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A photo of a sign. The sign reads “Out of respect for our customers, Trader Joe’s does not permit solicitation in front of our stores regardless of the issue. Feel free to ignore any annoying solicitors without feeling any guilt whatsoever”.
This sign outside a California branch of the Trader Joe’s supermarket chain is one of many anti-solicitation signs that sprang up in the wake of a court case involving the Pruneyard Shopping Center, which resulted in the protection of free expression in some privately owned shopping centers. (credit: modification of work by “IvyMike”/Flickr)

These state protections do not extend the other way, however. If the federal government passes a law or adopts a constitutional amendment that restricts rights or liberties, or a Supreme Court decision interprets the Constitution in a way that narrows these rights, the state’s protection no longer applies. For example, if Congress decided to outlaw hunting and fishing and the Supreme Court decided this law was a valid exercise of federal power, the state constitutional provisions that protect the right to hunt and fish would effectively be meaningless. More concretely, federal laws that control weapons and drugs override state laws and constitutional provisions that otherwise permit them. While federal marijuana policies are not strictly enforced, state-level marijuana policies in Colorado and Washington provide a prominent exception to that clarity.

Student-led constitutional change

Although the United States has not had a national constitutional convention since 1787, the states have generally been much more willing to revise their constitutions. In 1998, two politicians in Texas decided to do something a little bit different: they enlisted the help of college students at Angelo State University to draft a completely new constitution for the state of Texas, which was then formally proposed to the state legislature.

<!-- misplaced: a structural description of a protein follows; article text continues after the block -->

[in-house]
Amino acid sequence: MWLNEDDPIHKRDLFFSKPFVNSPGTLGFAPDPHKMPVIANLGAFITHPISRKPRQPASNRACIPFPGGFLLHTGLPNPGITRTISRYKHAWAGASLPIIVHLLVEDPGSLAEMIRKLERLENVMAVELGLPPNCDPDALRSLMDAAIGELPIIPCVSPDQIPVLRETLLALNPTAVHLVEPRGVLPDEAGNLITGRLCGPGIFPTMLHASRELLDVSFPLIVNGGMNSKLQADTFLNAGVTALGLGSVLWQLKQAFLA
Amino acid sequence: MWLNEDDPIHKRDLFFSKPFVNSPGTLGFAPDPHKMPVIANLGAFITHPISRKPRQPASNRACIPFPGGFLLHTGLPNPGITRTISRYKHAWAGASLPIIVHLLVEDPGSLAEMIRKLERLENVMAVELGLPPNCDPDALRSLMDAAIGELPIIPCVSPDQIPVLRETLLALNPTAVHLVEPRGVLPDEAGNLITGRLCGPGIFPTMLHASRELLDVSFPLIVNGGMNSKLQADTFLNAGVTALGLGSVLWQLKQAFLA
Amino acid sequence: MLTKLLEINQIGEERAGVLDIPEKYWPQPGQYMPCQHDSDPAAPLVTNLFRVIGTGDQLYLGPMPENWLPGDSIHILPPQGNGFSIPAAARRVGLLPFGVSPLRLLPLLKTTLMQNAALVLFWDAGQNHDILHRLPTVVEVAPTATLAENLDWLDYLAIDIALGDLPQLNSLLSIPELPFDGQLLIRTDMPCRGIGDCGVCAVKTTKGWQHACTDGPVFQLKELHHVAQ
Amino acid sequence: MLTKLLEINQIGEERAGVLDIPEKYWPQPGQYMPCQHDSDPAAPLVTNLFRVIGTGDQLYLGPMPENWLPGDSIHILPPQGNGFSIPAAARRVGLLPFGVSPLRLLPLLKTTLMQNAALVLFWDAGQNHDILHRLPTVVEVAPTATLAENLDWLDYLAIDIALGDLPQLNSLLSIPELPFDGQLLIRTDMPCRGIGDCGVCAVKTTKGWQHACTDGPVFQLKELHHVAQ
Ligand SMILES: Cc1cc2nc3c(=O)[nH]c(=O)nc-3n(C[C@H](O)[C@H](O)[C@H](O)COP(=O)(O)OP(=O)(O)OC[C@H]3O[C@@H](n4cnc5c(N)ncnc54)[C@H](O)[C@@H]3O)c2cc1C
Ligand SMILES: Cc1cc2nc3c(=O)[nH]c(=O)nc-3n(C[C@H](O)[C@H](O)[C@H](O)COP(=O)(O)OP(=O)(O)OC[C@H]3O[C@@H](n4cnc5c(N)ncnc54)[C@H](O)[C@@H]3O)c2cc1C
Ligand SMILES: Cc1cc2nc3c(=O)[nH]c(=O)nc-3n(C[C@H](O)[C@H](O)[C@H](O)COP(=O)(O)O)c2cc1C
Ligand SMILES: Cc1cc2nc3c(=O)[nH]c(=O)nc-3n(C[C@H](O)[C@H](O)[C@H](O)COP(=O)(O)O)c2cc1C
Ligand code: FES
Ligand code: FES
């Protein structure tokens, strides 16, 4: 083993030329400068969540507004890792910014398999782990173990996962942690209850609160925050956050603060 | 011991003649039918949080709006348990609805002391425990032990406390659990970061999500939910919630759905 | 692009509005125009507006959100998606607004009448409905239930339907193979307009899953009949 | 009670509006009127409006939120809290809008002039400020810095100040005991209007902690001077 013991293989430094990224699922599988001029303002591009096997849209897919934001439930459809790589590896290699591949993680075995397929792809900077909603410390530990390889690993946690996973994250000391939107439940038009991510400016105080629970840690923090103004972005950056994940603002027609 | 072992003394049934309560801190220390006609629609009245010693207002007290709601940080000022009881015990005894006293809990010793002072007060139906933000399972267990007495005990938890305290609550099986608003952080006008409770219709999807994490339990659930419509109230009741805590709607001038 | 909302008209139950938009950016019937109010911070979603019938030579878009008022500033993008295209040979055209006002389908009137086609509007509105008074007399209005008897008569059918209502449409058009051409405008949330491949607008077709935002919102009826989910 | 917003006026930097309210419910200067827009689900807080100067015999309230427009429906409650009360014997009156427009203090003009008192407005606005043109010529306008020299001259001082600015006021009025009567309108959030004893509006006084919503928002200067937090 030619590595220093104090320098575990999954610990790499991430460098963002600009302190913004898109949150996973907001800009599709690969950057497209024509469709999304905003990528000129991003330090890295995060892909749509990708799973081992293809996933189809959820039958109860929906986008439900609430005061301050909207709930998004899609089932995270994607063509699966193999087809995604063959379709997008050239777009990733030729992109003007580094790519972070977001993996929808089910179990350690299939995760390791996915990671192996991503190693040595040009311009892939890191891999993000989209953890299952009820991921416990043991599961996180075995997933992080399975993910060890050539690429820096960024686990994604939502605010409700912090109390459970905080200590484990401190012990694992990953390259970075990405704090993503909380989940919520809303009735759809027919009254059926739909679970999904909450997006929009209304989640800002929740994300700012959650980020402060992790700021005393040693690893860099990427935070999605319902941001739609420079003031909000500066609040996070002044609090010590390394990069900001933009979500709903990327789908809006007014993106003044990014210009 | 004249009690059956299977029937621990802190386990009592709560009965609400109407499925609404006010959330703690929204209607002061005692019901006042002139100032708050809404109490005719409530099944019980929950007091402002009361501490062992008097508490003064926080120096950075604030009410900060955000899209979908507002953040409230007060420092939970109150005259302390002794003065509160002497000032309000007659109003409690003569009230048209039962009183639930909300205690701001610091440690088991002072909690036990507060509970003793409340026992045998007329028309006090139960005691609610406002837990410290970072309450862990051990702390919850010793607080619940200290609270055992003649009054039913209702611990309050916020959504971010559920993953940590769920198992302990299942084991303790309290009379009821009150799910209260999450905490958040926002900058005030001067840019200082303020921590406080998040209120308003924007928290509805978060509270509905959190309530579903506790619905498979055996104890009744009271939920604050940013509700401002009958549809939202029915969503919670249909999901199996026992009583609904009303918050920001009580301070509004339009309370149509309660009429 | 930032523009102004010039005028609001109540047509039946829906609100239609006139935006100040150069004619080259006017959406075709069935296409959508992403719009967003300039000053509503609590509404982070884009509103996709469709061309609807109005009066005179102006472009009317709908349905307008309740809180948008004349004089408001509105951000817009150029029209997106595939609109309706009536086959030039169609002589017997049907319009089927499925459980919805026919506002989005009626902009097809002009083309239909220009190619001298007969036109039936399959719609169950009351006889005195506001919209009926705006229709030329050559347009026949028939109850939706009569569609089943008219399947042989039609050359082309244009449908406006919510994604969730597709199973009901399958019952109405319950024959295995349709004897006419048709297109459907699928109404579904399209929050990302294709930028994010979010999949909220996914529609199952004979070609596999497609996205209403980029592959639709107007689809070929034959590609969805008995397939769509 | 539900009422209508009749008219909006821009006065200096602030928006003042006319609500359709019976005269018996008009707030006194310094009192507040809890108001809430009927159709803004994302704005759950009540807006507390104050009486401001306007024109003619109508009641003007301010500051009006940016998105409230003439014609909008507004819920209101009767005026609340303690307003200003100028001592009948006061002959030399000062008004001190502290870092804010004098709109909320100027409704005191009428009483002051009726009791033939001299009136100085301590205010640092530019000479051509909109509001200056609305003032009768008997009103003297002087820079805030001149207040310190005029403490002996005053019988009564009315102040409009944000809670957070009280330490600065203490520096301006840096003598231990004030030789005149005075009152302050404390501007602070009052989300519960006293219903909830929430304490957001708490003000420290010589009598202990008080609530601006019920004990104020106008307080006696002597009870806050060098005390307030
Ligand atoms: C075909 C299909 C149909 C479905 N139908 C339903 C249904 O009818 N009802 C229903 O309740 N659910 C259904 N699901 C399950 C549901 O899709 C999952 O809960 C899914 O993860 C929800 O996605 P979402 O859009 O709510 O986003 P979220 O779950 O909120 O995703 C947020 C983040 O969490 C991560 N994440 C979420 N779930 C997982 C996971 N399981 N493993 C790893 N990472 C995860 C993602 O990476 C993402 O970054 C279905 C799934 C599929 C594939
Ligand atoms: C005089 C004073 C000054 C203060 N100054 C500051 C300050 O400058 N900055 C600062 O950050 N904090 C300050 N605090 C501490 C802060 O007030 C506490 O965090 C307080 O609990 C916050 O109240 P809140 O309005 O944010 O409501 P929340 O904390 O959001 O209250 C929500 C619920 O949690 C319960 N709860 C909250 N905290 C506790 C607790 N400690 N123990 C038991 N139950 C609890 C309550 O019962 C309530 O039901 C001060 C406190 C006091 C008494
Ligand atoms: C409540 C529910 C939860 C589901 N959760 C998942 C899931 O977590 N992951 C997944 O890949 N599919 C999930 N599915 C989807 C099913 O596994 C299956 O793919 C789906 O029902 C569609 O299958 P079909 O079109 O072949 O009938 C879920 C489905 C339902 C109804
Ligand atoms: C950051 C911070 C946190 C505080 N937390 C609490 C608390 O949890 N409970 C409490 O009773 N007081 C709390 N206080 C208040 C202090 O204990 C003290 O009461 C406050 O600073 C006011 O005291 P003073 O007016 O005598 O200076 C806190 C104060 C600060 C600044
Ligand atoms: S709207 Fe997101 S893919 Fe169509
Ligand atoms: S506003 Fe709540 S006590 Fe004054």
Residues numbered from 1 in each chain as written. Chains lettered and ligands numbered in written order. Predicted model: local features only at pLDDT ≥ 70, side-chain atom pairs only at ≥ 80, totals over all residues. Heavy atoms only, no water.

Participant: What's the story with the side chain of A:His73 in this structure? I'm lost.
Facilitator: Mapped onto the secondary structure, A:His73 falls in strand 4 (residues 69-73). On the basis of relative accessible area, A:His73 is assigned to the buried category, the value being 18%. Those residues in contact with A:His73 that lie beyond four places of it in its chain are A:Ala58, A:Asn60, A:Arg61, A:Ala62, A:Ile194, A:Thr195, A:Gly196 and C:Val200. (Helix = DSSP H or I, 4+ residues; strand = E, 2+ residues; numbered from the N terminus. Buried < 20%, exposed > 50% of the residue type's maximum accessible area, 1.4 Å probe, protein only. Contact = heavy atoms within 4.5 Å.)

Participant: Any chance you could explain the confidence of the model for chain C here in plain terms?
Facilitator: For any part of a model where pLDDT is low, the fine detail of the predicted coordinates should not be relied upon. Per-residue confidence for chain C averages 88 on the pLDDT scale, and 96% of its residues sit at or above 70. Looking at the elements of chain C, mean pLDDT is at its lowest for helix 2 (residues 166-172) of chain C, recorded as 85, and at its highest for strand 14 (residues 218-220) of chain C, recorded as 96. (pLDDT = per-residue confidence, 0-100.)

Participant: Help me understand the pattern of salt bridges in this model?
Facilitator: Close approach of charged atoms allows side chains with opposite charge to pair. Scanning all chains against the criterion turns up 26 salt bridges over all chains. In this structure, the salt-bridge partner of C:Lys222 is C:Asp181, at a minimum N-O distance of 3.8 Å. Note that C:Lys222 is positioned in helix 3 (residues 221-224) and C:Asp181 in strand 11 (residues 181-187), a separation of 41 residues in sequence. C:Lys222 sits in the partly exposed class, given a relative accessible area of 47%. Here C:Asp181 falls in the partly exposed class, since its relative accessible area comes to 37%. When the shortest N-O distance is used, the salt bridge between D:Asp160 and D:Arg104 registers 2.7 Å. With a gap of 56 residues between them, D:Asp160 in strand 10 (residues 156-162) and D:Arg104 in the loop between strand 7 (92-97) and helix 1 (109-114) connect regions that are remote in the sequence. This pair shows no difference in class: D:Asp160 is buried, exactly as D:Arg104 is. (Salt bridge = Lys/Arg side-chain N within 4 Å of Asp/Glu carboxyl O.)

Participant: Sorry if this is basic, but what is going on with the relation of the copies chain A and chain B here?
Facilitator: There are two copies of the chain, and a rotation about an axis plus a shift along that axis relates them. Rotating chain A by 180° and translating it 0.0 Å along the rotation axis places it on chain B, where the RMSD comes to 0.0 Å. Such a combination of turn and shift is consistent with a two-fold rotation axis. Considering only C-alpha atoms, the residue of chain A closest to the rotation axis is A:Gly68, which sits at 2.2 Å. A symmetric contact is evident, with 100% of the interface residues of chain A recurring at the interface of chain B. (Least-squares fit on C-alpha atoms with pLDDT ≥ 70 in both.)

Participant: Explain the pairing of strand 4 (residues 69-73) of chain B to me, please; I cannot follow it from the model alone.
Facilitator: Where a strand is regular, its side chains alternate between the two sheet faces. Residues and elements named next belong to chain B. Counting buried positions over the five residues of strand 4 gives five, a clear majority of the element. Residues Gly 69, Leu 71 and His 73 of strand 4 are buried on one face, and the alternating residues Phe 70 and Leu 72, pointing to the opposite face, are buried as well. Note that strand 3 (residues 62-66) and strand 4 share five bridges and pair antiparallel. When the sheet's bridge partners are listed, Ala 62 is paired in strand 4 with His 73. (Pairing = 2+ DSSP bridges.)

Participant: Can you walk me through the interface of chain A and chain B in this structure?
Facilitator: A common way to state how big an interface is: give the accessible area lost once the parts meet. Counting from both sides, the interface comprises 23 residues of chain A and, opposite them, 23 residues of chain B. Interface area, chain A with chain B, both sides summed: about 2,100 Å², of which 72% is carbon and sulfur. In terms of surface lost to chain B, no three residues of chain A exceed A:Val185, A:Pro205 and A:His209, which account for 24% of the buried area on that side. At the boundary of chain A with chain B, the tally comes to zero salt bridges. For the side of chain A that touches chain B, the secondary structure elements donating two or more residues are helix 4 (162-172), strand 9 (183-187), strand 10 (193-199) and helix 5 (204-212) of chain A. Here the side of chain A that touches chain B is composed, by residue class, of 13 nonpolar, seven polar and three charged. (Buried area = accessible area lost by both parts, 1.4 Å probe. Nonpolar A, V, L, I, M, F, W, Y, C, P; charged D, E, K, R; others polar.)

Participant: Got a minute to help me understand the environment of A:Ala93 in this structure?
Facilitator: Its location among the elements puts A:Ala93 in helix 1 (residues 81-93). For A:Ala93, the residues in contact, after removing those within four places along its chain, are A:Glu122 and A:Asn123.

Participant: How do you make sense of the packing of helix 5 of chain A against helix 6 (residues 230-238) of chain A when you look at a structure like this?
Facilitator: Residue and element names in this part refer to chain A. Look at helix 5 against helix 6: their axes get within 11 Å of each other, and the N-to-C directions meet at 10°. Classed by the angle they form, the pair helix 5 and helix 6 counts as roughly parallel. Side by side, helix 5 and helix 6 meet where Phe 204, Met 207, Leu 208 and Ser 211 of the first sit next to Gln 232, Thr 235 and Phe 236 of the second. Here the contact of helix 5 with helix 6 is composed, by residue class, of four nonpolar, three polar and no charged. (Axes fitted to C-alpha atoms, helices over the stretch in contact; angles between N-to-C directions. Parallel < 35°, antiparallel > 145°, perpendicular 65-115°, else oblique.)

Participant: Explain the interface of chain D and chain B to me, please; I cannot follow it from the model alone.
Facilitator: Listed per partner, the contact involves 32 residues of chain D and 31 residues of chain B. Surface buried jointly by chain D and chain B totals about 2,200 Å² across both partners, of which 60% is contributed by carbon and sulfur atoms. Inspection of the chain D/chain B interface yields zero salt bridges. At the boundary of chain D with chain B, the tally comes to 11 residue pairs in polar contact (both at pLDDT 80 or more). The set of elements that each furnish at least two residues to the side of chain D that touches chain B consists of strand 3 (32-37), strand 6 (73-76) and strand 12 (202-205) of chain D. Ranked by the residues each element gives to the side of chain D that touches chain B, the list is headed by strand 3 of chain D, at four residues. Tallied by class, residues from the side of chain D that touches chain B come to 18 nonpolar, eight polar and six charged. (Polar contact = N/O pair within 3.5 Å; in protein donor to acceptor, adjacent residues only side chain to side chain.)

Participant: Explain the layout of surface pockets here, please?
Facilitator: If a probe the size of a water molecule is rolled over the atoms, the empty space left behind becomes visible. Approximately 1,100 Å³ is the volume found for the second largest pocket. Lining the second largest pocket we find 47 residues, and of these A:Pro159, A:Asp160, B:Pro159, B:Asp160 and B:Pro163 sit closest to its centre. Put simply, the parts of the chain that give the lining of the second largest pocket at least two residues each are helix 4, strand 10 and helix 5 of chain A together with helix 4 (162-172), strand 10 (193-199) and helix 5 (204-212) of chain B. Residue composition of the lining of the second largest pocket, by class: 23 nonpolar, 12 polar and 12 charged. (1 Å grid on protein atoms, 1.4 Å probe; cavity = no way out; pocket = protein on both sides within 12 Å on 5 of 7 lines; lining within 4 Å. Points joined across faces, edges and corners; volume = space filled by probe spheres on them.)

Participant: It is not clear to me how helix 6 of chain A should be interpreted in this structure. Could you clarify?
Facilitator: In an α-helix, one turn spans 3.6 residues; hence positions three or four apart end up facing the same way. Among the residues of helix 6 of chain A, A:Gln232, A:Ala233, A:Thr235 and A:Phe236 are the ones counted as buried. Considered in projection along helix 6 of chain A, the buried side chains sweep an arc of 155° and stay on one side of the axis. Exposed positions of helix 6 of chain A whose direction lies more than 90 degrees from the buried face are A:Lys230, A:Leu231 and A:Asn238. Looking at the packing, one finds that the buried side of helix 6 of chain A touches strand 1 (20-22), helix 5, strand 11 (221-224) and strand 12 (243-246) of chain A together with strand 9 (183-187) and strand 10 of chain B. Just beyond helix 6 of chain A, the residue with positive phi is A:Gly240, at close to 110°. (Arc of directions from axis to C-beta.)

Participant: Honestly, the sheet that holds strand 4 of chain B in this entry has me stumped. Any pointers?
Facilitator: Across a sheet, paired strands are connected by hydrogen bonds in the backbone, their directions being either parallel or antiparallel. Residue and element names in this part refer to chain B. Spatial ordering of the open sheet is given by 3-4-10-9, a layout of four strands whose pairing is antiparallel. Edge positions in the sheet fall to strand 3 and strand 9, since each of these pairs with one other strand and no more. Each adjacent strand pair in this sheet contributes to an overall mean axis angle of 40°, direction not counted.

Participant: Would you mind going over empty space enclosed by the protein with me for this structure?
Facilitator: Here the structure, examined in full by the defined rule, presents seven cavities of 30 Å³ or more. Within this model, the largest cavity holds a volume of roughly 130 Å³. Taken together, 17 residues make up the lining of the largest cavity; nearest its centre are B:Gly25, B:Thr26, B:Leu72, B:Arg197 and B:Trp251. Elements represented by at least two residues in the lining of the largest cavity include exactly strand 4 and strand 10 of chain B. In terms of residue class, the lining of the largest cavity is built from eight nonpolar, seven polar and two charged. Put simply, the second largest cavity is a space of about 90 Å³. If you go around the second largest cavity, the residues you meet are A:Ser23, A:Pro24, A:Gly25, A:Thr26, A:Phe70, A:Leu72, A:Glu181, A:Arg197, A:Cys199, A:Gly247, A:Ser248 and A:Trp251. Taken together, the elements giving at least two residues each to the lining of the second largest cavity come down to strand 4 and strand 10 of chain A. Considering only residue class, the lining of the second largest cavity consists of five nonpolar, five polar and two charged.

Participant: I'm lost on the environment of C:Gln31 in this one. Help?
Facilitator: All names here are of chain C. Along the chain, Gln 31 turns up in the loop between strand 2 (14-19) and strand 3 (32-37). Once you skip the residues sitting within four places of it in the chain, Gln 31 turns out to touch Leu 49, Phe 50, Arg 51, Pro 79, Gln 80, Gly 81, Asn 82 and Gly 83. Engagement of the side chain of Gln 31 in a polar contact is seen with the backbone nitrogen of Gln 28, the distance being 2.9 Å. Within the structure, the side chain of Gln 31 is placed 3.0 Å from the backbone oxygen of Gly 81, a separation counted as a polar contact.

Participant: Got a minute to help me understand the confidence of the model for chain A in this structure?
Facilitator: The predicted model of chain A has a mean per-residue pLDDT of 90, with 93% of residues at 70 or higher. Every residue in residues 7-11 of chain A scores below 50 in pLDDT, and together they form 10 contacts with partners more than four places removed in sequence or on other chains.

The Texas Politics Project, “Trying to Rewrite the Texas Constitution,” https://texaspolitics.utexas.edu/archive/html/cons/features/0602_01/slide1.html (March 1, 2016).
Although the proposal failed, it was certainly a valuable learning experience for the students who took part.

Each state has a different process for changing its constitution. In some, like California and Mississippi, voters can propose amendments to their state constitution directly, bypassing the state legislature. In others, such as Tennessee and Texas, the state legislature controls the process of initiation. The process can affect the sorts of amendments likely to be considered; it shouldn’t be surprising, for example, that amendments limiting the number of terms legislators can serve in office have been much more common in states where the legislators themselves have no say in whether such provisions are adopted.